Dramatic decline in pension saving among self-employed
A dramatic decline in pension saving among even the better off self-employed, IFS
New research published by the IFS today reveals that the self-employed who have been hard hit by COVID, are not saving into a pension right now.
Pensions are normally organised by the workplace. However, for those who are self-employed, pensions are now being overlooked. Especially as money is now getting tighter, especially for those who find themselves unable to work. According to this new research, this decline in saving into a pension is a long-term trend, which is considerably worrying for many people who remain self-employed.
Working-age self-employed saving in a private pension has declined dramatically over the last two decades
According to the IFS (Institute for Fiscal Studies), the proportion of working-age self-employed saving in a private pension has declined dramatically over the last two decades, from 48% in 1998 to just 16% by 2018. This suggests there are currently over 3½ million working-age self-employed who are not saving in a private pension. In sharp contrast, pension saving among employees has increased since the introduction of automatic enrolment. In 2018 nearly 80% of working-age employees were contributing to a pension.
Participation has fallen more dramatically among those groups of the self-employed who were more likely to be saving in a pension in 1998. In particular, those who had been in self-employed for longer and those with higher levels of income:
Nearly 70% of the self-employed who were earning over £500 per week were saving in a pension in 1998-99, compared to 24% by 2018-19.
Over 60% of those who had been self-employed for more than seven years were saving in a pension until 1998-99; by 2018-19 this was 23%.
These are among the findings of new research published by IFS today, funded by the IFS Retirement Savings Consortium and the Economic and Social Research Council. The research draws on data from the Family Resources Survey and the Wealth and Assets Survey to examine trends in private pension membership, attitudes to pensions, holdings of non-pension assets, and accrual to the state pension among the self-employed.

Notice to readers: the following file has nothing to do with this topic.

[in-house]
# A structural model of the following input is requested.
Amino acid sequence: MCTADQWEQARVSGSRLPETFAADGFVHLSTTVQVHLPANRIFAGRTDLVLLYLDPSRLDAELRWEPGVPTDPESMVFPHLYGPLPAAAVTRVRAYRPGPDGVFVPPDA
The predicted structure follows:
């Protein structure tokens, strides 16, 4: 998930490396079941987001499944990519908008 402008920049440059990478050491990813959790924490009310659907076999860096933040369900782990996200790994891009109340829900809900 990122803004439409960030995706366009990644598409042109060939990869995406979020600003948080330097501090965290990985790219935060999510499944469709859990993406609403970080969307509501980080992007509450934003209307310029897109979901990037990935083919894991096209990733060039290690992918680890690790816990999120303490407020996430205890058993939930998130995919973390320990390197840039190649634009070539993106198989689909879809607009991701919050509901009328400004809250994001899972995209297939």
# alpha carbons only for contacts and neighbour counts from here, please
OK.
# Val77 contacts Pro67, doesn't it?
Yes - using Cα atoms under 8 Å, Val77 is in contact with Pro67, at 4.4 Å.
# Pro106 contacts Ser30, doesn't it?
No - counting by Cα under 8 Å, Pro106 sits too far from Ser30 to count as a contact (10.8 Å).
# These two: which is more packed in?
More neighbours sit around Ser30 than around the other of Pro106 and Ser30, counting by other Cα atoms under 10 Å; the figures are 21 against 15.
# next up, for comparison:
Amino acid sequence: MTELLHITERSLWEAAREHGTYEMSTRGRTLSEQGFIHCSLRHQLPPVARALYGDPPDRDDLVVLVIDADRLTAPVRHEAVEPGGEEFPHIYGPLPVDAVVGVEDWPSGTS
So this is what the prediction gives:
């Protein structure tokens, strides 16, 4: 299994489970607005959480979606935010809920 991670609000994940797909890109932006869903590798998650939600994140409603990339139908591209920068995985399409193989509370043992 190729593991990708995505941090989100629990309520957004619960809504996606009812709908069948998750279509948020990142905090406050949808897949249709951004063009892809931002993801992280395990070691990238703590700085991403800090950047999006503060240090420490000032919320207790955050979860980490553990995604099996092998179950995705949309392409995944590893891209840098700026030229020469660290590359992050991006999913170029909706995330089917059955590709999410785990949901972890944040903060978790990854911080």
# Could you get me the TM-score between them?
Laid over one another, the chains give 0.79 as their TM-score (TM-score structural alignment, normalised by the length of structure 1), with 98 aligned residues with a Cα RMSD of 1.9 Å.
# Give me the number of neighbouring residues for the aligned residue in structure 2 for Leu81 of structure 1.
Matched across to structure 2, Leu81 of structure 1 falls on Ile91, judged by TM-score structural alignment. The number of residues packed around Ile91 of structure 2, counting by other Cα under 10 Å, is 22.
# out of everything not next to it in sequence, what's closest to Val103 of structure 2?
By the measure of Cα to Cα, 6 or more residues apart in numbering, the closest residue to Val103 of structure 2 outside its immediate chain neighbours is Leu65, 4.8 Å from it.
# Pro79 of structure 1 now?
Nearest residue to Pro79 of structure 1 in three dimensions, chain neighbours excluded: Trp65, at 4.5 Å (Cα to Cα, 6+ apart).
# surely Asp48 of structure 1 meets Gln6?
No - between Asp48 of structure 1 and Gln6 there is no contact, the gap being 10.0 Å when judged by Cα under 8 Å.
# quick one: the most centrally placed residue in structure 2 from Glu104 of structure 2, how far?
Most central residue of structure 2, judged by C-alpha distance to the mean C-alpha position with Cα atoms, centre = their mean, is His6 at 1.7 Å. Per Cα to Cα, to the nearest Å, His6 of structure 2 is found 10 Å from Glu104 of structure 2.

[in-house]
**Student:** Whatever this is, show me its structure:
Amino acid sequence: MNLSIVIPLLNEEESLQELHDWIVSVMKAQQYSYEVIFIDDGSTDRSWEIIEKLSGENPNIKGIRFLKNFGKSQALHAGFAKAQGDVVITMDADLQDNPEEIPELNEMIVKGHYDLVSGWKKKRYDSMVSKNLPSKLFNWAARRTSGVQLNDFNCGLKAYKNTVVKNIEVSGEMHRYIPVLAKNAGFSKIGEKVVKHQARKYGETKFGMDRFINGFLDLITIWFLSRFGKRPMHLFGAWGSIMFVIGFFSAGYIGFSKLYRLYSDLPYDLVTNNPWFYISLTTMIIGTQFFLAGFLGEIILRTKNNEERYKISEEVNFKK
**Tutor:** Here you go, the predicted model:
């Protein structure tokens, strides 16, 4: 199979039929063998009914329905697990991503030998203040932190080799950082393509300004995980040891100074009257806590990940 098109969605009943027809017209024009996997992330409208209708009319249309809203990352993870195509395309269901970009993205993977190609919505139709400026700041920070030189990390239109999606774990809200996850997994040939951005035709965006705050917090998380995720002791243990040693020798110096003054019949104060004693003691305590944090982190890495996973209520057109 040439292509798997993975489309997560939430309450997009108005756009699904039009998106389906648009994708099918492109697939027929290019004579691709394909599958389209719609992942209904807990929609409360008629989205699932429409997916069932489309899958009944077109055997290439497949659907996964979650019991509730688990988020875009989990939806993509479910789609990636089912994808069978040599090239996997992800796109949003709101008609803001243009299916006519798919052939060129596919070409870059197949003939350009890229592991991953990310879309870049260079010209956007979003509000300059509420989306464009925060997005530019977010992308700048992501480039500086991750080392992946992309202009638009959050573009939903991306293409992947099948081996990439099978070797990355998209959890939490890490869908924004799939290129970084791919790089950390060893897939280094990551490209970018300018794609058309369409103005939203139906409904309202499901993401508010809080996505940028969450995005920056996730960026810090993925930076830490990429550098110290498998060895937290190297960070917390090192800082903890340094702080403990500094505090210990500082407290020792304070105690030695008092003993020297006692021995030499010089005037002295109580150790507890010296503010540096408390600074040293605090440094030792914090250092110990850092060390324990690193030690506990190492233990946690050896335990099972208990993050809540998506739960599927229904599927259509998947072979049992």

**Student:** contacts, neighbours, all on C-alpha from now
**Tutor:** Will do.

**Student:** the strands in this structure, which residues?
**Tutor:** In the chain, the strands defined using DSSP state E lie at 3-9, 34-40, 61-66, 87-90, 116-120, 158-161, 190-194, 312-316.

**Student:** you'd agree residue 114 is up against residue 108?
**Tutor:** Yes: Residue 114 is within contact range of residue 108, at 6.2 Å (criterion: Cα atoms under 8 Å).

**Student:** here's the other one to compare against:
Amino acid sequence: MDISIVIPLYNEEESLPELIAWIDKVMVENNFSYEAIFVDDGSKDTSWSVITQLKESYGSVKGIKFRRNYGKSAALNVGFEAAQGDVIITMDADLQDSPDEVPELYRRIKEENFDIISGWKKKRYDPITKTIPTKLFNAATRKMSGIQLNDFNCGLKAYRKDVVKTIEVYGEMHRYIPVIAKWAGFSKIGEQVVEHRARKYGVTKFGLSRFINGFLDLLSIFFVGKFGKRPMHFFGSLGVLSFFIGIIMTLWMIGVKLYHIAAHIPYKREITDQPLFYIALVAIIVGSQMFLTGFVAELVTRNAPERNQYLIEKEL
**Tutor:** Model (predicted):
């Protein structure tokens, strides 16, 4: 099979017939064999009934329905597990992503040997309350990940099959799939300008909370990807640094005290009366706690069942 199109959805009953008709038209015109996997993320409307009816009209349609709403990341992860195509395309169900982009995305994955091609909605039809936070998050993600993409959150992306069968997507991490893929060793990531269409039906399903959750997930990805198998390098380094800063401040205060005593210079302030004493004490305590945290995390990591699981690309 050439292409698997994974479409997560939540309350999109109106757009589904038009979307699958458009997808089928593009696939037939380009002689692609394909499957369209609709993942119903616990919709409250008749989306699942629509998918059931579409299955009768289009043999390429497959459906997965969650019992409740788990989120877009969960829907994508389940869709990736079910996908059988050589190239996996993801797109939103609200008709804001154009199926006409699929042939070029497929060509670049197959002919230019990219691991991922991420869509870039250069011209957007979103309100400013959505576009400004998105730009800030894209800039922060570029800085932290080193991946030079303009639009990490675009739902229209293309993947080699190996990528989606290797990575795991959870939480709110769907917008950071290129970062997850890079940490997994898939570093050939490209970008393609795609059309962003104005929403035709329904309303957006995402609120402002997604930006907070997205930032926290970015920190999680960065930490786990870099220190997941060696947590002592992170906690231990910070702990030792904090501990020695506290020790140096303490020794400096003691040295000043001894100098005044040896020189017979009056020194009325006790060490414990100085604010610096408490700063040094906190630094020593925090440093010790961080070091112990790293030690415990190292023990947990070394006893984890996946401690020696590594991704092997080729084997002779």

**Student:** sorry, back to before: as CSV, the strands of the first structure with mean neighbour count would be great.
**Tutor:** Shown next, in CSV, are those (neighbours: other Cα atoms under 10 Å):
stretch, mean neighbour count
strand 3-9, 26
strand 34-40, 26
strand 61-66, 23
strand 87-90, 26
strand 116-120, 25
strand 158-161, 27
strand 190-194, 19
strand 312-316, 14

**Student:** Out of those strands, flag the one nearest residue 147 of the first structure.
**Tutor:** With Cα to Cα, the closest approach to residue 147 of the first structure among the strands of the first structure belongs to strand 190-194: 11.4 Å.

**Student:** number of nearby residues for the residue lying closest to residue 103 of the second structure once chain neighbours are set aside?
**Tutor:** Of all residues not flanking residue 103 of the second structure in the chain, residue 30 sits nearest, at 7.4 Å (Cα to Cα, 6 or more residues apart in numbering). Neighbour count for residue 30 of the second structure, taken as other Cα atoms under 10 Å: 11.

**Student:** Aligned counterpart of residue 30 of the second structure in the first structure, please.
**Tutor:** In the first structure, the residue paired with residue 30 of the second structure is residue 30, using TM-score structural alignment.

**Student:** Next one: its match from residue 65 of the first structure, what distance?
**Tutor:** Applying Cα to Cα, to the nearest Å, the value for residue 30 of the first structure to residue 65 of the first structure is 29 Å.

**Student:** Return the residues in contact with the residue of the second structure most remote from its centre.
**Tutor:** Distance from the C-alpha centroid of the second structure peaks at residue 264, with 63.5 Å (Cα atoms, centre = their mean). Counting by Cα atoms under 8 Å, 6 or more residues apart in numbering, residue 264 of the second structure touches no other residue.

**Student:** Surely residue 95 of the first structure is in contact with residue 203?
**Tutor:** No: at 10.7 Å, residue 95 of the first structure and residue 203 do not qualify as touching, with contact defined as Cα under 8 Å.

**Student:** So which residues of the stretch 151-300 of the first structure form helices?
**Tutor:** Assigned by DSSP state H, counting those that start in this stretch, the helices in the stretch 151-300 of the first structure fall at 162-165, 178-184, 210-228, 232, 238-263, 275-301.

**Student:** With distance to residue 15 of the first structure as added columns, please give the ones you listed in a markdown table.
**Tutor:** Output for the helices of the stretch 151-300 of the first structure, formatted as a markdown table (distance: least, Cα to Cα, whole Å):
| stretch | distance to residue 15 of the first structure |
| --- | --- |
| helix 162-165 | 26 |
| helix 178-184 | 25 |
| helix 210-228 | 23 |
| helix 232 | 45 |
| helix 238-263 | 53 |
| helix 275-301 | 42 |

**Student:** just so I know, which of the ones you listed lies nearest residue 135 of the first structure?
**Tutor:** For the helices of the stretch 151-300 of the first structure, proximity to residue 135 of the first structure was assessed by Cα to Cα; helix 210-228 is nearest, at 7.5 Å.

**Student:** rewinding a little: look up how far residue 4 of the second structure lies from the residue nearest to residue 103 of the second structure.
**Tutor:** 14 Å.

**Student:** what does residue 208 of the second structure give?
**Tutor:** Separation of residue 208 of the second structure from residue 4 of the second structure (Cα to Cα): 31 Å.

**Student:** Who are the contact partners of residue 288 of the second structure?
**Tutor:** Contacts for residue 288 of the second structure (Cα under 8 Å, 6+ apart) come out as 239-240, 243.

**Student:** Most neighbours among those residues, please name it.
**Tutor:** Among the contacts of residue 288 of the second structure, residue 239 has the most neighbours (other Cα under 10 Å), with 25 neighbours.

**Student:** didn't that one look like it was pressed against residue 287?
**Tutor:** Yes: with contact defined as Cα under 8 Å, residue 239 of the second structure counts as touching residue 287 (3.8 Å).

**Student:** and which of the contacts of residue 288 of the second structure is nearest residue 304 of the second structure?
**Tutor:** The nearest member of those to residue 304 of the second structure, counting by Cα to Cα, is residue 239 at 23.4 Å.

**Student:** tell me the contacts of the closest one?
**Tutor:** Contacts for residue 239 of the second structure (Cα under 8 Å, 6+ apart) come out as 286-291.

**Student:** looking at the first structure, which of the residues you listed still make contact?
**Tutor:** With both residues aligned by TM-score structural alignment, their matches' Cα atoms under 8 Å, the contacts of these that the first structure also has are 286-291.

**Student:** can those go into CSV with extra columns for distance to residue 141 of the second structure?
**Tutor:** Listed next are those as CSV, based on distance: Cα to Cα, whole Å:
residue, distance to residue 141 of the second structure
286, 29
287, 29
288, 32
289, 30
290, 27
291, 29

Key findings include:
The changing make-up of the self-employed workforce does not explain the decline in pension participation. Over the past two decades, the self-employed workforce has become slightly older, less male-dominated, and less dominated by full-time workers. The financial crisis dramatically reduced average earnings, which are still in 2018-19 lagging behind their 1997-98 levels. However, it falls in pension participation after taking into account the role of changes in the prevalence of these characteristics that have driven the overall decline in pension saving.
Attitudes towards pensions among the self-employed do not appear to have changed over the past decade in a way that could explain the decline in pension saving. Most self-employed believe that saving in property is safer and gives a higher return than pension saving, but this has consistently been the case throughout the period.
A declining proportion of the self-employed expects to get any private pension income in retirement, suggesting that they are aware that the lack of saving means they will not have access to private pension income in retirement.
It does not appear that other financial assets are acting as a substitute for pension saving among the self-employed. The proportion of individuals saving in either a pension, savings account, ISA, or shares has been declining over the last 20 years, and more rapidly for the self-employed than for employees.
Trends in owner-occupation rates and average housing wealth are similar between employees and the self-employed, suggesting saving in primary housing cannot explain the faster decline in the proportion saving in a pension among the self-employed than among employees.
The self-employed are in any given year less likely than other workers to accrue entitlement towards the state pension. In 2016 19% of self-employed workers did not accrue entitlement towards the state pension (because their earnings were too low and they were not in receipt of certain qualifying benefits), compared with 14% of owner-managers and 5% of employees.
The new state pension is generally much more generous to the self-employed than the state pension it replaced. The full possible amount of the new state pension is much greater than that available just under the old basic state pension. While 35 years (rather than 30 years) of National Insurance Contributions are now required to get the full amount with a full working life potentially extending to 50 years this will be achievable by most.
“Private pension saving has fallen dramatically among the self-employed over the last two decades. This fall is not driven by the changing make-up of the self-employed workforce. Particularly concerning are the huge declines in participation among the more long-term and more well off self-employed: these are groups who will particularly need to save privately for retirement on top of the state pension to avoid falls in their standard of living when they stop work. Given that other financial assets do not seem to be acting as a substitute for pension saving, policymakers are right to be concerned about these trends and to be considering how to make it easier – and to encourage – the self-employed to save more.”
Heidi Karjalainen, a Research Economist at IFS and one of the authors of the report